The Skinny


State Sen. Frank Antenori is officially testing the waters for a campaign to win the Congressional District 8 seat now held by Congresswoman Gabrielle Giffords.

Giffords, who is recovering at her husband's home in Houston after being shot in the head on Jan. 8, has not yet said whether she will seek reelection next year.

Antenori, a former member of the U.S. Army Special Forces who now works for defense contractor Raytheon, is the first Republican to launch an exploratory campaign for the seat since the January shooting rampage, in which six people were killed and 13 were wounded.

Republican Jesse Kelly, who narrowly lost to Giffords in 2010, was preparing to announce another congressional run in January but suspended his plans after the shooting.

Antenori says he would not run if Giffords recovers and launches a viable campaign.

"I would love to see Miss Giffords walk up to a microphone and basically announce that she's going to run for reelection and that she's physically capable and psychologically ready to take on the rigors of a campaign and continue to represent District 8," Antenori says. "If she did that, I'm out. I'm not going to run against a woman who's physically and mentally capable of representing CD8. ... I don't think she's beatable."

But Antenori adds that he has "a sneaking suspicion, based on indications that I've been getting and rumors I've been hearing, that the strategy of the Democratic Party now is to drag out the Giffords decision as long as possible to hamper Republican opposition and fundraising in CD8 ... and that she's not running. They're now exploiting this woman for political purposes. It's disappointing but not surprising that they would do that."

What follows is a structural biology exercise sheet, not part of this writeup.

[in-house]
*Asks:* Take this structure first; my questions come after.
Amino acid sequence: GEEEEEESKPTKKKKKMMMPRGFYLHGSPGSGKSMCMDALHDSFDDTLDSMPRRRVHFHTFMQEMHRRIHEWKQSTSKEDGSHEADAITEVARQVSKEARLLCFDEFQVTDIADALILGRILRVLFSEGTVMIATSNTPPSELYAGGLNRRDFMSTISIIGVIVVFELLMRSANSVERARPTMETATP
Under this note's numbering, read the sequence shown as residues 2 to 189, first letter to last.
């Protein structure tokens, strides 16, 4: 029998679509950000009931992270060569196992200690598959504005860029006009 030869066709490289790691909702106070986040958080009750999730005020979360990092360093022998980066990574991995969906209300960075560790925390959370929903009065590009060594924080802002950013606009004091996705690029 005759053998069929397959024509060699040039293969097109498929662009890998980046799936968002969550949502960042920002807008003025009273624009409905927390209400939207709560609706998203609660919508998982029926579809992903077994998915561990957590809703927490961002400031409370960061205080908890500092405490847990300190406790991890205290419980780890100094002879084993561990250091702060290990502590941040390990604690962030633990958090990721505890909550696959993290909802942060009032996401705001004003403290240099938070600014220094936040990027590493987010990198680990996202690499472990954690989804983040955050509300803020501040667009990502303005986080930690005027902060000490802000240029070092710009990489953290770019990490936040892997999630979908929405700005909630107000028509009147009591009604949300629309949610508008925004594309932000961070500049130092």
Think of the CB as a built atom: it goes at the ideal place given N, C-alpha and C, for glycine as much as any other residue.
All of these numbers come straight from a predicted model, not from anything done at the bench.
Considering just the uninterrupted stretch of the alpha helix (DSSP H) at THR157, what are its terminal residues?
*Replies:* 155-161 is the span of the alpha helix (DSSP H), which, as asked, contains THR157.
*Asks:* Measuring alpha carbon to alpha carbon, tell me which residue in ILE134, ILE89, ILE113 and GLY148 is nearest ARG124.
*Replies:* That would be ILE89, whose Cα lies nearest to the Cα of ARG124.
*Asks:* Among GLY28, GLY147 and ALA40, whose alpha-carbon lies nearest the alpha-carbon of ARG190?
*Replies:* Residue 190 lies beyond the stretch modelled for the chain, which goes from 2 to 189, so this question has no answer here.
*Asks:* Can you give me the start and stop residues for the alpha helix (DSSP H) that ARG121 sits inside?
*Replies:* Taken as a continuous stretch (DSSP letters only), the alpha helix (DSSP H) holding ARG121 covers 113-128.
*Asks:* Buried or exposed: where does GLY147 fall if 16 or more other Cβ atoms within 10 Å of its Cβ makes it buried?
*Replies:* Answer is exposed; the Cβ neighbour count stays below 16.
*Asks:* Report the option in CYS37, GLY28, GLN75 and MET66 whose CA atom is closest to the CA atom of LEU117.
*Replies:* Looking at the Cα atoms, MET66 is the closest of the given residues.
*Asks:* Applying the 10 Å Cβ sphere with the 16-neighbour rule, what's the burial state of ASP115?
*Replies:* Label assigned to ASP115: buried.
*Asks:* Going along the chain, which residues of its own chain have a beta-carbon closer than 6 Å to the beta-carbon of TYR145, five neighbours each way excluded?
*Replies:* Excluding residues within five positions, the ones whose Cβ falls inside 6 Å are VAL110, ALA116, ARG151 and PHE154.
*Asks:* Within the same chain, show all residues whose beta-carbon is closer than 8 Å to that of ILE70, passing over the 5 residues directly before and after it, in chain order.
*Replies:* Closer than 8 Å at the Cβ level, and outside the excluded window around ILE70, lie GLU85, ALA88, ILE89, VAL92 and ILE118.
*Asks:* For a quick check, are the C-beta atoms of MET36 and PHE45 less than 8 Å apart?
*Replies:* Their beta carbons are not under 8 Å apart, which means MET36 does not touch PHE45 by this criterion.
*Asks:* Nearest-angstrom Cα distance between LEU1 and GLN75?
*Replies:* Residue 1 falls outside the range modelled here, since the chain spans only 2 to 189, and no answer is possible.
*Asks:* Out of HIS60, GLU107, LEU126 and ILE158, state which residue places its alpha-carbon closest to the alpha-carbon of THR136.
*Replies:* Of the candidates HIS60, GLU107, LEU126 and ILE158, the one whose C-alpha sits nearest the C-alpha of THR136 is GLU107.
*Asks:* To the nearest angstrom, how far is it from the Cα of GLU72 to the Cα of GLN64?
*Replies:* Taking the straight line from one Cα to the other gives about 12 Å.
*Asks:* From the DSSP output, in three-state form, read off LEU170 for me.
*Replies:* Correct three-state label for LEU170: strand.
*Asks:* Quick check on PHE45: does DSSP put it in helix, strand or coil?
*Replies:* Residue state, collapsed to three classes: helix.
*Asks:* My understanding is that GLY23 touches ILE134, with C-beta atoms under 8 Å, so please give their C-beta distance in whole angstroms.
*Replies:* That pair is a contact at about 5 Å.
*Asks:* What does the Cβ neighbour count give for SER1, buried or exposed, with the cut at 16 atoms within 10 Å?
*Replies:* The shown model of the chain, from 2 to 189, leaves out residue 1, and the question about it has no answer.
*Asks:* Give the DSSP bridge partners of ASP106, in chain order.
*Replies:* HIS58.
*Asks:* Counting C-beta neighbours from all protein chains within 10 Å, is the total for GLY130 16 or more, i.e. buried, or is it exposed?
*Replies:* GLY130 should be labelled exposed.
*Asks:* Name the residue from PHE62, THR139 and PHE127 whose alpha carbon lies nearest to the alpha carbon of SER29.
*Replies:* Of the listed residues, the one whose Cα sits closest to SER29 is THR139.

Antenori has long dreamed of serving in Congress. He made his political debut with an unsuccessful 2006 congressional run before winning a seat in the Arizona Legislature in 2008.

He's filed paperwork with the IRS rather than the FEC as part of his exploratory committee. He hopes to raise between $20,000 and $30,000 to do some polling and traveling around Southern Arizona and Washington, D.C. to measure his support in the district.

"I can't wait because I have to build the foundation," Antenori says. "I have to put the team together. I've got to start getting organized."

He promises he will run hard against Kelly in the GOP primary if Kelly decides to get into the race.

"My mission will not be Gabby Giffords' replacement, whoever that might be," Antenori says. "My mission will be Jesse Kelly, and I will run it as I run every campaign—hard and with everything I've got. I'm not going to look past the primary."

John Ellinwood, spokesman for the Kelly campaign, said the Kelly campaign remains on hold and Kelly would have no comment on Antenori's exploratory campaign.

Michael McNulty, who has chaired Giffords' previous campaigns for Congress, also declined to comment.


You may not have noticed, but next Tuesday, Aug. 30, Tucsonans will decide the primary races for the mayor and City Council election.

Admittedly, if you've looked at your ballot, you've realized that there's not that much to decide. The sole Democrat on the ballot, attorney Jonathan Rothschild, chased away all the potential Democratic challengers, although there are two write-in choices, including David Karr, who has promised to bring Mexican variety show Sabado Gigante and its host, Don Francisco, to Tucson if elected mayor.

Meanwhile, Republican Rick Grinnell needs 1,060 write-in votes if the GOP is going to have a mayoral candidate this year. Both of the potential GOP candidates this year, Shaun McClusky and Ron Asta, were disqualified because they didn't turn in enough signatures on their petitions. (Independent candidate Pat Darcy had the same problem.)